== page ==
Operating much like a state or local government, tribal governments follow the same reporting framework established by the Governmental Accounting Standards Board and are subject to the Single Audit Act, under the OMB Uniform Grant Guidance. Historically, accounting firms and their interactions with tribes are primarily due to these audit requirements. While there are many similarities, tribal governments differ from other entities from an accounting and auditing perspective. Many federal grant programs are specific to tribes and come with their own set of compliance requirements. In addition, unlike state and local governments, tribal governments often own multiple businesses in many industries, including hospitality, construction, healthcare, gaming and more.

Understanding the financial nuances of a tribal entity that has federal government reporting requirements, wholly owned versus jointly owned enterprises, and on-reservation and/or off-reservation businesses, is vital for accountants and CPAs. In healthcare, for example, this includes distinguishing between self-governing tribal entities (those that manage their own accounting or healthcare systems) and those that rely on the federal government to manage these and other services. There can be a steep learning curve when practicing in this field.

Just like other governmental entities, tribes often need help beyond client accounting and advisory services. Many firms, including ours, make themselves even more valuable to tribal governments by providing on-call CFO services, human resources consulting, software system sales and support, IT consulting and more – especially as tribes expand their influence outside their sovereign boundaries and increase partnerships with non-tribal entities. Depending on their constitutions, tribes can have taxing authority, as well. A firm with expertise and dedicated staff in any or all of these areas has a big advantage over those that don’t.

All these services require careful due diligence on the part of their advisors and as with any business relationship, trust is the key factor. Trust is strengthened through a specific understanding for a tribe’s culture and sovereignty. That’s why we need more Native CPAs, and non-Natives with the education, experience and temperament to serve tribal entities. According to the Association of International Certified Professional Accountants, just 0.3% of bachelor’s and master’s accounting graduates were American Indian or Alaskan Native. When you consider that Native Americans make up about 2 percent of the United States population, we’re definitely underrepresented in this industry.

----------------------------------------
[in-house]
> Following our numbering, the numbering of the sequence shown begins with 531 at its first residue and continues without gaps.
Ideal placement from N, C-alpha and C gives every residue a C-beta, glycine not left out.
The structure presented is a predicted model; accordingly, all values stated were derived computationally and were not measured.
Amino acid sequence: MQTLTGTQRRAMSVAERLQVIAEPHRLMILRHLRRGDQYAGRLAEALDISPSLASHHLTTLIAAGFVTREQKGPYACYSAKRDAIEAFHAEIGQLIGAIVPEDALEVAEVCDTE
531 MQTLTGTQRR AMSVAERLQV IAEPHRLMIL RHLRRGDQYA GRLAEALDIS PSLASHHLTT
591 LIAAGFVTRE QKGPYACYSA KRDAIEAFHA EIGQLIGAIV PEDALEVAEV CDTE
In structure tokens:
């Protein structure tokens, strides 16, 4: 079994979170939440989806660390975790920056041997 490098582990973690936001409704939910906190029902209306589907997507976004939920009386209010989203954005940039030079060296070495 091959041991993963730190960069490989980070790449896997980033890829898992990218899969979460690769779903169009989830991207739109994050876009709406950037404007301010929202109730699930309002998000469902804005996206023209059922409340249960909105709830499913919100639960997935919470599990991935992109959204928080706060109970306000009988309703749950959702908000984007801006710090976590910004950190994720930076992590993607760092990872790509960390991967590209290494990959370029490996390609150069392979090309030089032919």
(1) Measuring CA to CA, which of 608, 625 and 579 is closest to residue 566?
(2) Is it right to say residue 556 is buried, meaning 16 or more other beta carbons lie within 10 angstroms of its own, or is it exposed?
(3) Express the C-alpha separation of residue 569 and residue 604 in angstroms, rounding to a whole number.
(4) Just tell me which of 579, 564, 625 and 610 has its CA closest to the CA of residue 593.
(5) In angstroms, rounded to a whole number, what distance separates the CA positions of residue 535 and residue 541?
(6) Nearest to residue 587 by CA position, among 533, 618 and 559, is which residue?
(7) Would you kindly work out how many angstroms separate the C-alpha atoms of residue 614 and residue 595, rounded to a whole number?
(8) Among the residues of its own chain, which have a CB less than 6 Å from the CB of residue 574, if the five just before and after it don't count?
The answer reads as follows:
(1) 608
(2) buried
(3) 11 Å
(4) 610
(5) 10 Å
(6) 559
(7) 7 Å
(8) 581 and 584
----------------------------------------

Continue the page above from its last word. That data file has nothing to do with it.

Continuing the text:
Firms have an opportunity to increase Native representation in the industry, and not just by actively recruiting from the communities we serve. Given the recognized benefits of increased diversity in any profession, it’s simply good business to increase and elevate the services that accountants and CPAs provide to tribal entities. For example, we at REDW teach budgeting and financial literacy to underserved populations through organizations like the Phoenix Indian Center, and offer an informational and educational podcast, webinars and articles to Indian Country. We’ve developed a relationship with Arizona State University by promoting accounting to Native high school and college students as a field of opportunity. Each program is part of our holistic approach and commitment to increasing the number of Native American accountants and CPAs and the value we bring to current and prospective tribal clients. But only by going beyond the billable work can accounting firms demonstrate their ability to appropriately and professionally serve the needs of Indian Country.

Wesley Ryan Benally, CPA (Diné) is principal and National Tribal Practice leader at REDW. For over 30 years, REDW has specialized in providing accounting services to more than 200 tribal governments, healthcare facilities, gaming operations and enterprises.


Arizona Department of Gaming  https://gaming.az.gov/tribal-gaming/tribal-contributions

High Country News “At the Crossroads” Report: https://www.hcn.org/articles/economy-how-the-economy-of-indian-country-impacts-local-communities